If this turns out to be the final time Kershaw throws a pitch in a Dodgers uniform, the baseball gods sure have a cruel sense of humor.
Kershaw’s performance was ugly, and it was brutally quick, resulting in a humiliating 11-2 defeat for the Dodgers against the Arizona Diamondbacks in Game 1 of their best-of-five Division Series in front of a stunned crowd of 51,653.
Kershaw has had plenty of horrific moments in his postseason career, ghosts that have haunted him in winters that came far too early, but he’s never had a game as hideous as this one. He gave up six runs and retired just one batter.
It was easily the worst game of his 16-year Hall of Fame career — in the regular season or postseason.
“It was disappointing, embarrassing,’’ Kershaw said. “I think you just feel like you let everybody down. The whole organization looks to you to pitch well in Game 1, and, yeah, it’s just embarrassing really.
“It’s a tough way to start the postseason.’’
Kershaw’s night really was over before much of the sellout crowd even got into their seats.
He threw 35 pitches, facing just eight batters and retiring only one. He’d given up six hits and six runs when he was mercifully yanked out of the game.
He became only the third pitcher in playoff history to permit at least six runs while getting no more than one out.
Kershaw was asked several times whether he felt fine physically, whether his shoulder that sidelined him for six weeks was bothering him again, or whether his body simply was giving out.
“I feel fine, I feel fine,’’ Kershaw said. “There’s nothing health related here. Just bad pitching.
“Look, there’s no excuses. I have to be better. It’s just not acceptable.’’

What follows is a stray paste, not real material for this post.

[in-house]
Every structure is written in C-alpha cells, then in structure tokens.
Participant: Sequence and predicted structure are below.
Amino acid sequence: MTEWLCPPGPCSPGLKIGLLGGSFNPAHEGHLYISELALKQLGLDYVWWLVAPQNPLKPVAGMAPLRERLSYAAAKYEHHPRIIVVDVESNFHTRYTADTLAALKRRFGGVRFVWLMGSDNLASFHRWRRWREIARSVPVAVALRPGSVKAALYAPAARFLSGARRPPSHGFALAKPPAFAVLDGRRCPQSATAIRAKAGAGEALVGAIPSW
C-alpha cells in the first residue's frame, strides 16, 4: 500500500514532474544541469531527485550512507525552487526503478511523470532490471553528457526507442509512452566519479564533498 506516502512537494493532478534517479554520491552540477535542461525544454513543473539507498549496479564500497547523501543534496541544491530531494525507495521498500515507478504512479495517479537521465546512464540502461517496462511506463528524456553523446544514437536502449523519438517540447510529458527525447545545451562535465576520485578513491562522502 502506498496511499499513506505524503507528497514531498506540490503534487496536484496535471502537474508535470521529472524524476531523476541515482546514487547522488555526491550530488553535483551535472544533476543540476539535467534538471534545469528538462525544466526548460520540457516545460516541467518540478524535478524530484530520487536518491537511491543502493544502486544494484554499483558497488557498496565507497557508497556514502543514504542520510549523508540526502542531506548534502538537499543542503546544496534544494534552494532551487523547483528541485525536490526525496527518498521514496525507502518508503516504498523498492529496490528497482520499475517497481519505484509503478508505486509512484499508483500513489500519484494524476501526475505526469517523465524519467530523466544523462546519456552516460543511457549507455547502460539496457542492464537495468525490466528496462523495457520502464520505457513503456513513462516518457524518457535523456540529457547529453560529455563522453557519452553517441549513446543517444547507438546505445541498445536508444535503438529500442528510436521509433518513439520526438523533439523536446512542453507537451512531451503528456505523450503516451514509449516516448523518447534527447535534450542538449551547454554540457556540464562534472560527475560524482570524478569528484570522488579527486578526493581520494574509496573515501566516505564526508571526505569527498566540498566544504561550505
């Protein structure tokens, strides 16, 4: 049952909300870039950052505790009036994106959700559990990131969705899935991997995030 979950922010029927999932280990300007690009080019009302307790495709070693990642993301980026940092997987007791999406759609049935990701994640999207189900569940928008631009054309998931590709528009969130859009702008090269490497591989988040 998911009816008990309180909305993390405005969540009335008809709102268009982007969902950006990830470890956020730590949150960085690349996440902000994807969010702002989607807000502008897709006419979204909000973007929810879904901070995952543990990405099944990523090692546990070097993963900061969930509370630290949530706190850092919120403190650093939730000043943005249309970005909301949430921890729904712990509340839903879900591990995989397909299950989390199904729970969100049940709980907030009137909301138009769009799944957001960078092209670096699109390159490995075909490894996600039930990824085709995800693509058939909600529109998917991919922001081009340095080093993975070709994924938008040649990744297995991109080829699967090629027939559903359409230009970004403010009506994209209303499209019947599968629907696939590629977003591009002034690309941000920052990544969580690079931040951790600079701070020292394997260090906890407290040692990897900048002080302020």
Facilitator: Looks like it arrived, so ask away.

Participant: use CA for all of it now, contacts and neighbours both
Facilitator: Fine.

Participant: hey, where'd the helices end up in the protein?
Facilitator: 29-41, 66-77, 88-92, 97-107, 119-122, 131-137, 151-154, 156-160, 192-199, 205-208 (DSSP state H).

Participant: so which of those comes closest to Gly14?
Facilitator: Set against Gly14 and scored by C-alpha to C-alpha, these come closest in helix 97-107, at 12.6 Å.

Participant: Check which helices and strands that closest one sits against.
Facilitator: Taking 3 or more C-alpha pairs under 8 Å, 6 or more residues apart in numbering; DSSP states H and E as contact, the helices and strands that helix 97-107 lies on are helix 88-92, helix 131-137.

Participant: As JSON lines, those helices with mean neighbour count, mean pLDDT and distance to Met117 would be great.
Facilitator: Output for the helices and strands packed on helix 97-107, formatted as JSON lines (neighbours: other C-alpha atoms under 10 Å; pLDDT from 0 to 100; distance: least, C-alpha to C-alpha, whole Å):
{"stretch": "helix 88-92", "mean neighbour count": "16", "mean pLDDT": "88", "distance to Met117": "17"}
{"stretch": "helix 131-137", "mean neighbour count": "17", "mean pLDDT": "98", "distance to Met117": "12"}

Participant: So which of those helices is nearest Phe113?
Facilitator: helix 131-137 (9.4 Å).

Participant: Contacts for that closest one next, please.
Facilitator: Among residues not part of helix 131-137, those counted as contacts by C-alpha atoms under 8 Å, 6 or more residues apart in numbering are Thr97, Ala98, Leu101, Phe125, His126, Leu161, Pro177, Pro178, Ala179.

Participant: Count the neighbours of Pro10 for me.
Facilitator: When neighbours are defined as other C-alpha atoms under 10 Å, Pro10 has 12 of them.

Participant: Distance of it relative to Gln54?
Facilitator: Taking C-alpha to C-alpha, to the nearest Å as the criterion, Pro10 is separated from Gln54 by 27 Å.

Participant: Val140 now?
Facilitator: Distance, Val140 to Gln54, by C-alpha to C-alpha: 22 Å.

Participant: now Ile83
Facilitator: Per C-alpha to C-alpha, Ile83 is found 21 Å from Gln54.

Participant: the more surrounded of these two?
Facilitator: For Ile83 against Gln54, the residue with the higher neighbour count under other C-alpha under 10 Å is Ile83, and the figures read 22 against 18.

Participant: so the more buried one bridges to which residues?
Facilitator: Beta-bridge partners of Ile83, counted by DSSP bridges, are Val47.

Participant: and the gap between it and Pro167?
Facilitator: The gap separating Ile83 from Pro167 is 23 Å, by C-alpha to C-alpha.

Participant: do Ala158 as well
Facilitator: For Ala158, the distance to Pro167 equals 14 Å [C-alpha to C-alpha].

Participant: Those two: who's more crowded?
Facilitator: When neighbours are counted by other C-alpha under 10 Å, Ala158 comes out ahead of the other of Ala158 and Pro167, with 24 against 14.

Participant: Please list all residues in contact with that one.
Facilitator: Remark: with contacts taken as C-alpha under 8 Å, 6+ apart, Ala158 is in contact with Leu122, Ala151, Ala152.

The Dodgers, who won the NL West by 16 games over the Diamondbacks, now are in a fight for their lives just to get out of the division series.
They not only got ambushed by the D-backs’ offense, but got shut down by Merrill Kelly, who entered the game with an 0-11 career record and 5.49 ERA against the Dodgers, including an 0-5 record and 7.03 ERA at Dodger Stadium.
Kelly, given a 6-0 lead before he even stepped on the mound, couldn’t believe what he was watching, and absolutely cruised, yielding just three hits in 6⅓ shutout innings.
“Honestly, at that minute,’’ Kelly said, “I’m just trying to enjoy it. I’m watching our guys beat up one of the best pitchers that we’ve ever seen in our lives.
“And watching them do it in the first game I’ve ever pitched in the playoffs.’’
Really, no one could believe what they were seeing. Sure, Kershaw has a pedestrian 13-13 career postseason record with a 4.49 ERA, but still, how can anyone envision one of the greatest pitchers of his generation looking absolutely helpless?
“It was shocking, I think,’’ Dodgers manager Dave Roberts said.
Said Dodgers All-Star first baseman Freddie Freeman: “I mean, I don’t think anyone in the baseball world was expecting that.’’
Now, after a day off Sunday, they will have to beat D-backs ace Zac Gallen on Monday to avoid going to Phoenix down 0-2 and facing elimination at Chase Field.